The mignardises at the end were yummy, consisting of soft passionfruit candy wrapped in rice paper, fennel pollen macarons, and my personal favorite, a chocolate lollipop with a surprise. “I’ll let you discover it on your own,” said our server with a mysterious air before leaving us to ponder his meaning. At first bite, I thought maybe it was just a Crunch bar disguised as a lollipop but then my mouth started to snap, crackle, and pop, making static sounds like a radio antennae implanted in my head trying to contact outerspace. Hello? What is this? Pop rocks! Yes, neutral pop rocks folded into chocolate! How very quirky! I am so going to try this at home.
After dinner, we asked to meet the chef and that brings me back to the beginning of the story where I’m standing in line as the Breeders are having their moment with the famous Michael Voltaggio. Finally it’s our turn and we shake hands and say hello. While AT slyly tried to ask about rumors of the filming location of the finale (No comment from Michael. Next question please!) and discussing a recent dinner at Bazaar, I notice the chef’s eyes glancing continuously over to a dessert that was being plated. He said that it was a new dish that they just placed on the menu the other day and he wanted to give the plating a once over. It was a date cake, dipped in toffee, with bananas, sugary lime bricks, and lime air (read foam). My response to the description (after I discreetly checked my drooling) was “Yum!” which led him to ask, “You guys want to try it?” Heck yeah!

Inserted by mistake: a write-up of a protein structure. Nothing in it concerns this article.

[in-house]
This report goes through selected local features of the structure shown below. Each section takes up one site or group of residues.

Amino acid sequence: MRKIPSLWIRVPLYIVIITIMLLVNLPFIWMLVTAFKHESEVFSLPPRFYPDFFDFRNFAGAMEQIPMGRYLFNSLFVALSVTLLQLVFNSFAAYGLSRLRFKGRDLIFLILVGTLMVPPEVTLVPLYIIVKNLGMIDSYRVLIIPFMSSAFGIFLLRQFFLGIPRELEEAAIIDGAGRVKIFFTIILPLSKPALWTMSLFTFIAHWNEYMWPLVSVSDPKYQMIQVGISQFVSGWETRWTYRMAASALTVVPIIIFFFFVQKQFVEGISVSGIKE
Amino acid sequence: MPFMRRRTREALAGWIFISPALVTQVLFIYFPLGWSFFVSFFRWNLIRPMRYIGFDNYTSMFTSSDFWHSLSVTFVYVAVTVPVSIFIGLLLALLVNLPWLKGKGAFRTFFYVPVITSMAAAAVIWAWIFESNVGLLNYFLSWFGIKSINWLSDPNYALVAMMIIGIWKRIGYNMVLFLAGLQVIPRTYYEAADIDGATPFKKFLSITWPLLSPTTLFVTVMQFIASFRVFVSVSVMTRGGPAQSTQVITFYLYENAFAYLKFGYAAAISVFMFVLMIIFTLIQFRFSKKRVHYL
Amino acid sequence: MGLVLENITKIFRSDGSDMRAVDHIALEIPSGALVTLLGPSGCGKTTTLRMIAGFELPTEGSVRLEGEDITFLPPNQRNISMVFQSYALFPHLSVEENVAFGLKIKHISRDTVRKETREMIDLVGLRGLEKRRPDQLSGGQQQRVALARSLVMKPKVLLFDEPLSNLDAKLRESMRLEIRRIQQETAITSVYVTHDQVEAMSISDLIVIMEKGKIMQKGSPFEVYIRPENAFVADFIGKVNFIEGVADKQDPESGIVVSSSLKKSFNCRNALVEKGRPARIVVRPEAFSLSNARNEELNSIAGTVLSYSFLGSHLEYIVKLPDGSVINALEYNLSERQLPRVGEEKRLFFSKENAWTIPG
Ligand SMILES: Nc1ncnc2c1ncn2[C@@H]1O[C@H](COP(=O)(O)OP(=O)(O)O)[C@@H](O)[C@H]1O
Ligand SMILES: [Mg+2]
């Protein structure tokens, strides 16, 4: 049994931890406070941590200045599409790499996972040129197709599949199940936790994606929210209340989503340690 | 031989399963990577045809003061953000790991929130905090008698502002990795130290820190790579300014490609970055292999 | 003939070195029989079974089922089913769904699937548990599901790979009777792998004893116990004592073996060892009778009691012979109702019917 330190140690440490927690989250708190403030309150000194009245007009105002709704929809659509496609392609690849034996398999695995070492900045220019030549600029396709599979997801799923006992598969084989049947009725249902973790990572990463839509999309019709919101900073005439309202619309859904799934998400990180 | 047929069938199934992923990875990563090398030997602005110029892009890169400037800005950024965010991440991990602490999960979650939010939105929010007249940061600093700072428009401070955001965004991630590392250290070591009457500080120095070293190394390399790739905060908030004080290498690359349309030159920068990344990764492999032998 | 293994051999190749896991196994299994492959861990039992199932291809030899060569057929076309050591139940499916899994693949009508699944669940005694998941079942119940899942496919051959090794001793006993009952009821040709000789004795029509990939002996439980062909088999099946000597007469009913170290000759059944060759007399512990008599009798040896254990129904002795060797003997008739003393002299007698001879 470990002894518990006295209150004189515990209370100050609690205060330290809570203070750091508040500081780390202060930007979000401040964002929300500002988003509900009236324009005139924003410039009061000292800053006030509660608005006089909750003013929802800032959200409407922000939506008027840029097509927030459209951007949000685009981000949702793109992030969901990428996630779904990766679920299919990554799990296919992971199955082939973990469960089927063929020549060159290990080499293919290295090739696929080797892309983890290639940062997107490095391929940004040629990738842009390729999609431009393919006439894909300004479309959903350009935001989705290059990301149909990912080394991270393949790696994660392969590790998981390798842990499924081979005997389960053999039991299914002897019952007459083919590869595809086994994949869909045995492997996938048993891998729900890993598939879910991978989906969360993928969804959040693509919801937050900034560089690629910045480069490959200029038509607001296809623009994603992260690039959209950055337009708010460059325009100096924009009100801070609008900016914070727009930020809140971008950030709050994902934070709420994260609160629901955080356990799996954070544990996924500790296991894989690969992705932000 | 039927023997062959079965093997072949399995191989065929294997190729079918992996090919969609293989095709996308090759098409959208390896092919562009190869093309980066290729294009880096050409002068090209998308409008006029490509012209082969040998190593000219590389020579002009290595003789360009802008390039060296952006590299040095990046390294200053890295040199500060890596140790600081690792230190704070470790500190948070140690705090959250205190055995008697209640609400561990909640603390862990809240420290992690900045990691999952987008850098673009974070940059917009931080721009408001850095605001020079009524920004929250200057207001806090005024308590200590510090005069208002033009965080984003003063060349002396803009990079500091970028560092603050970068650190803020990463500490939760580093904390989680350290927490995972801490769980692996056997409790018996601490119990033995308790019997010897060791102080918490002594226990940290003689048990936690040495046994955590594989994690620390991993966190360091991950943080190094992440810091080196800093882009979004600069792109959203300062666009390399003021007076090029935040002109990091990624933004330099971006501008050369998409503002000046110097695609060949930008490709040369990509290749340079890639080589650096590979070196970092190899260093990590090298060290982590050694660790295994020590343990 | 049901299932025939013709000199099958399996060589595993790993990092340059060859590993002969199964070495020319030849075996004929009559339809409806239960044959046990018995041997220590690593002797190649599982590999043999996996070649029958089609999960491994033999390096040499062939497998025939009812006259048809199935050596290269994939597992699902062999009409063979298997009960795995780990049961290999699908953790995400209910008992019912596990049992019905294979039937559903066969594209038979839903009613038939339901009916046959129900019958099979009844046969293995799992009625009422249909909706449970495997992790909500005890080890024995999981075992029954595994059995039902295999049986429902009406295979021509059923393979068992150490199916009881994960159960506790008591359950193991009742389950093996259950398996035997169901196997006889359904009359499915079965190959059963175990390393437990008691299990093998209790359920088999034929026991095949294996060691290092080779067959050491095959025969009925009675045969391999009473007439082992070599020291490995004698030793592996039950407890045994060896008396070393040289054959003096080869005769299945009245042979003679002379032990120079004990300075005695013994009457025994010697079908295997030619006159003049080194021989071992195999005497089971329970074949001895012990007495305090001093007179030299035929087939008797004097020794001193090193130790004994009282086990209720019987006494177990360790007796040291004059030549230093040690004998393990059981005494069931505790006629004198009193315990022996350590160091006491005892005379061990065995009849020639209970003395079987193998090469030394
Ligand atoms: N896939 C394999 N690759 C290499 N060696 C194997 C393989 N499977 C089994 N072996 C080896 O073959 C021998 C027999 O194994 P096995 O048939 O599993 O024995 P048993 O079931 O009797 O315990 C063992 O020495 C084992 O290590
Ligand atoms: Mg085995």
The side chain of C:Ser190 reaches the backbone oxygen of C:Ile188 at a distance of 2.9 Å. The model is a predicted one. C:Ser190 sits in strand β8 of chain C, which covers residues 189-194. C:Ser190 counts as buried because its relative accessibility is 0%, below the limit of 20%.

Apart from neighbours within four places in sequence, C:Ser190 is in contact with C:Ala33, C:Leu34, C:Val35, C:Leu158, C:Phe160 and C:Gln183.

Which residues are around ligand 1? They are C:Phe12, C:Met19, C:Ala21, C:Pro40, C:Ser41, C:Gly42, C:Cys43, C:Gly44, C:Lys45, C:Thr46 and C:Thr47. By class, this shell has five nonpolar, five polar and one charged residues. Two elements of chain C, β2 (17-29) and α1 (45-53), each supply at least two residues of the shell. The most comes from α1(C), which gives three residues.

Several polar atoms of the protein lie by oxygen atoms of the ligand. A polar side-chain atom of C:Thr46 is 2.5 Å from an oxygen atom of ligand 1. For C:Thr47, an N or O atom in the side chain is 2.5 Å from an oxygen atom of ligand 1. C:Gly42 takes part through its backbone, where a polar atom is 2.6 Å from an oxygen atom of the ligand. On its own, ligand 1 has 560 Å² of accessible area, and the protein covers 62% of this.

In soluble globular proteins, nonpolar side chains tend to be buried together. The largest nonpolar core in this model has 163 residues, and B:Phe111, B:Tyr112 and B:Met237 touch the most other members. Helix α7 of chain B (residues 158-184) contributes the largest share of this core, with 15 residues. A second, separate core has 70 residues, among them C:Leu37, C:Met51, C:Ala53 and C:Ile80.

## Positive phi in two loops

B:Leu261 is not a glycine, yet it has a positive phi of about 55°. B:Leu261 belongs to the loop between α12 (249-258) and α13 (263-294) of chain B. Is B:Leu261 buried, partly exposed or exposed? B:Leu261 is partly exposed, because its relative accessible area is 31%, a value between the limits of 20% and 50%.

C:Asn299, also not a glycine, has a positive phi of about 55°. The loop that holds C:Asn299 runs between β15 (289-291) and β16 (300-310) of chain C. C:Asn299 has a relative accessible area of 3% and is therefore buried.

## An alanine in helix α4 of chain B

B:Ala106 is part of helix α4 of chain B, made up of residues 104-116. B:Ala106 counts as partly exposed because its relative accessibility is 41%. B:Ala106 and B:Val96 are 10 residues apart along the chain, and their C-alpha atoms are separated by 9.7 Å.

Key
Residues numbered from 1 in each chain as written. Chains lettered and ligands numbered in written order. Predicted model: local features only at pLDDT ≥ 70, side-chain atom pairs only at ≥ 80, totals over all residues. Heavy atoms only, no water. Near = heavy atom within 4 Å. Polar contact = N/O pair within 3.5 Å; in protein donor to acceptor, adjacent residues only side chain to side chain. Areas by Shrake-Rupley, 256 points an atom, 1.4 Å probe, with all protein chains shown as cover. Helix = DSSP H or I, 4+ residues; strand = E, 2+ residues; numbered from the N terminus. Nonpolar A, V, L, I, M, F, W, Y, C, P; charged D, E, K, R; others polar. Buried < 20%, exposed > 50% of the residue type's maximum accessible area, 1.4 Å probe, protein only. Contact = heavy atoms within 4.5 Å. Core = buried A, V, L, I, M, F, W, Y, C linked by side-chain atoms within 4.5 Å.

So we bid our adieus and headed back to the dining room in anticipation of our dessert. And no, I did not bring my camera into the kitchen so I’m sorry Dr. Mary for not providing you with up close shots of his sleeve tattoos. The dessert encore was fantastic. It could easily have been bogged down in the density of the cake but the lime air added a crisp accent that livened up the party. It was the high note that finished the evening in grand form.
Overall, I enjoyed the meal but a couple of dishes lacked the final touch or that one ingredient that would have taken it to the next level. Meeting Michael Voltaggio was a highlight of the night and not just because he gave us extra dessert. The chef is definitely making his mark on the restaurant I’m looking forward to seeing what changes are made to the menu when the The Dining Room completes its remodel early next year. It’s nice to see jagged edges emerge from the round, stately walks of Pasadena.